On the effects of build orientation, strain rate sensitivity and sample thickness on the mechanical behavior of 316l Stainless Steel manufactured by Selective Laser Melting
Univ. Polytechnique Hauts-de-France, CNRS, LAMIH UMR 8201, 59313 Valenciennes, France
2 Arts et Métiers ParisTech, CNRS, I2M UMR 5295, 33405 Talence, France
* Corresponding author: email@example.com
Published online: 9 September 2021
The Additive Layer Manufacturing (ALM) for metallic materials has grown in the past few years. However, this process influences the mechanical properties of the constitutive material and consequently those of the finished product. The influence of the thickness and the building direction of 316L Stainless Steel (SS) specimens produced by Selective Laser Melting (SLM) on the quasi-static mechanical behavior has already been reported. Considering the strain rate effect, it has been only studied for tensile properties of vertical specimens up to 102s–1. The aim of this work is to study the influence of the thickness and the building orientation at higher strain rates up to 101s–1 and up to 103s–1 for vertical specimens. Compared to conventional material, 316L SS SLM achieves equal and even better mechanical properties due to a refinement of the microstructure. Anisotropy is observed at the macroscopic level, which is explained by the microstructure with different shapes, orientation and size of grains. A minimum thickness of 0.75mm is recommended to recover the mechanical properties of the conventional 316L SS. A positive strain rate sensitivity is observed in every case. The material anisotropy and the thickness variation do not affect the strain rate sensitivity.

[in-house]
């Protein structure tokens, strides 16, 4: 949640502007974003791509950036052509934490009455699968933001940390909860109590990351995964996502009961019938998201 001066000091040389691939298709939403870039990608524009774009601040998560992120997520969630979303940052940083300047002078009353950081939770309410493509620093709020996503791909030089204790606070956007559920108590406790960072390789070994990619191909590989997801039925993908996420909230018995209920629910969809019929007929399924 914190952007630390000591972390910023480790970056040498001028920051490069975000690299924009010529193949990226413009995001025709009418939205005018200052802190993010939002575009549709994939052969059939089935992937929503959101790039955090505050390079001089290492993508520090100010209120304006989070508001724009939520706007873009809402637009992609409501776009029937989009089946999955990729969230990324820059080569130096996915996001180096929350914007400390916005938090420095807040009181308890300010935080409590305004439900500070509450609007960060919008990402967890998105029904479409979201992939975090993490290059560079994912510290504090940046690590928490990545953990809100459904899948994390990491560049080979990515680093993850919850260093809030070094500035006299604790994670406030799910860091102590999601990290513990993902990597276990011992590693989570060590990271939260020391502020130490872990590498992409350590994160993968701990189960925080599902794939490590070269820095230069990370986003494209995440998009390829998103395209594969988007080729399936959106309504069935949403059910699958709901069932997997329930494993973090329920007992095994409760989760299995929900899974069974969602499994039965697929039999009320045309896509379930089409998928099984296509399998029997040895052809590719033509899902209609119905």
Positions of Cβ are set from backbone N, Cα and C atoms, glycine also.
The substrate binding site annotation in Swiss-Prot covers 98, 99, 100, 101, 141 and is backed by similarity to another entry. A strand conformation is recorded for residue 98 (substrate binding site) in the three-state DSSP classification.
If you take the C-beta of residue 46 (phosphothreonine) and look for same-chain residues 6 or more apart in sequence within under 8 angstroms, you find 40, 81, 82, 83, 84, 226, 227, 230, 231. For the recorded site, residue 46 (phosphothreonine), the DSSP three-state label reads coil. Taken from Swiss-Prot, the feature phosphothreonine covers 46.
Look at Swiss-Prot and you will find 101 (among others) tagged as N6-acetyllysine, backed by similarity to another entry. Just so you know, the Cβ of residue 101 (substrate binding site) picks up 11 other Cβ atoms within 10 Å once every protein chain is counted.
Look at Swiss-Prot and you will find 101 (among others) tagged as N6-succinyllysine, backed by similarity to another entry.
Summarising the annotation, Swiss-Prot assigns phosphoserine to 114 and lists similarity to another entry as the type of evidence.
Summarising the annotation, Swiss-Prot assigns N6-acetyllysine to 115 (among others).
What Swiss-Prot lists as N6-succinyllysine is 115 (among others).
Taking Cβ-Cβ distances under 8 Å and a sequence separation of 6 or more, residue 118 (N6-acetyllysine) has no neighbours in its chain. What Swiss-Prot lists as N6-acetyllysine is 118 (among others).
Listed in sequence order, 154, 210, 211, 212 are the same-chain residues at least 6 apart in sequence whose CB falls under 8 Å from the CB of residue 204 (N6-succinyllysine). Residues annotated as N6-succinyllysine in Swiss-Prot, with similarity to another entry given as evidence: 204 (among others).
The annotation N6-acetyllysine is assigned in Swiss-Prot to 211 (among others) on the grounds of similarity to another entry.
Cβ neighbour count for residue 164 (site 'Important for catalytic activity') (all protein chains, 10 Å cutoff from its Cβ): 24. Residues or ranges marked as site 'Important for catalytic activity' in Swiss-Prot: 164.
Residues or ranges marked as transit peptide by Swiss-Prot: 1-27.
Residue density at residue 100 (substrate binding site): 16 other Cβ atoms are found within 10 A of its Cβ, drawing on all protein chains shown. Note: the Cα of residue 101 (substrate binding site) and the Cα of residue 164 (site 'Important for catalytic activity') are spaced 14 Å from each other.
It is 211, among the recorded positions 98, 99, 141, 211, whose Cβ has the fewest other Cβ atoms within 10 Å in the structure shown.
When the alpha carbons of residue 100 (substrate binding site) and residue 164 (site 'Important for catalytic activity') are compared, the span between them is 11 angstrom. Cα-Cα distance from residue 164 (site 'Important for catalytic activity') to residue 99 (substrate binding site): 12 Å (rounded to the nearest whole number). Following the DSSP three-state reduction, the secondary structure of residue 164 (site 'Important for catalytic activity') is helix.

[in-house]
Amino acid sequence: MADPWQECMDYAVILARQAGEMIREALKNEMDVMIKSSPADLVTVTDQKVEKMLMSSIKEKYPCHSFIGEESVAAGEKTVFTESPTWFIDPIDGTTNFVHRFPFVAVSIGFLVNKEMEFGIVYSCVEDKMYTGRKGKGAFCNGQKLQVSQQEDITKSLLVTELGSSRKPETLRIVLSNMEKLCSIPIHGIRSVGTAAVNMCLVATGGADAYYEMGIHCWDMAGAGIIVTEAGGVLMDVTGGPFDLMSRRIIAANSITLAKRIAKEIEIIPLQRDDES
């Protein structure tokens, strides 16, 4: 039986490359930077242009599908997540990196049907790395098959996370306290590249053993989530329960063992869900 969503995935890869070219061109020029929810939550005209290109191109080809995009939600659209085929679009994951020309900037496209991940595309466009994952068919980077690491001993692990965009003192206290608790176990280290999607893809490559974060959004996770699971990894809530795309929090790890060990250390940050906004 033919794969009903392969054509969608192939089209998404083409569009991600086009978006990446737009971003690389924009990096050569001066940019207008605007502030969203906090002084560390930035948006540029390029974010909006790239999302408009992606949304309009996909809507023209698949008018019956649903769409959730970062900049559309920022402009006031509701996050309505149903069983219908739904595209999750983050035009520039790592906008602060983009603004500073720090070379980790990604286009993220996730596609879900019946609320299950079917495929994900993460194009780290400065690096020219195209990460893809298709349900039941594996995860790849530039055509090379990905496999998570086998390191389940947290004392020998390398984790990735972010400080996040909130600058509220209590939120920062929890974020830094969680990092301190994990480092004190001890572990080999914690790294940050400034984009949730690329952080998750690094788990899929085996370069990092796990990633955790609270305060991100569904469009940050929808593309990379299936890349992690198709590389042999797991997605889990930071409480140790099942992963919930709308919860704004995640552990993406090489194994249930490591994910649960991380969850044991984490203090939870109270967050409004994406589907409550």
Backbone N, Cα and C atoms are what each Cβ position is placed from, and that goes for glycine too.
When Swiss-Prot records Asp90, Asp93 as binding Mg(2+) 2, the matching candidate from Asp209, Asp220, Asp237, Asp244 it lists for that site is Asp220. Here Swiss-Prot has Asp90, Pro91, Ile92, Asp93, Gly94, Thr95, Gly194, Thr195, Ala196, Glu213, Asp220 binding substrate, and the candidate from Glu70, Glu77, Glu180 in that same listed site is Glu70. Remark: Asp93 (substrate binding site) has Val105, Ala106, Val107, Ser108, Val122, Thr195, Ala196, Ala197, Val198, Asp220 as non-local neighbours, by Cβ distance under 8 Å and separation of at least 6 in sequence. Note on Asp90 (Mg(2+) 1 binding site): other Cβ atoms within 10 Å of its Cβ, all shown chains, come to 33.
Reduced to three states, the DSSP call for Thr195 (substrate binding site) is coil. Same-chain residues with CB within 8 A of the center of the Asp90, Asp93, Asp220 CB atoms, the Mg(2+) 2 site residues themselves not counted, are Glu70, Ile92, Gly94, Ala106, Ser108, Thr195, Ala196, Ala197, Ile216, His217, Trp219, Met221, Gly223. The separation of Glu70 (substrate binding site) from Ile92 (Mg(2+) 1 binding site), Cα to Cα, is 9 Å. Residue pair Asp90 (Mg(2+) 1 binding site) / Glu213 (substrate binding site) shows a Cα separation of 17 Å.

© The Authors, published by EDP Sciences, 2021
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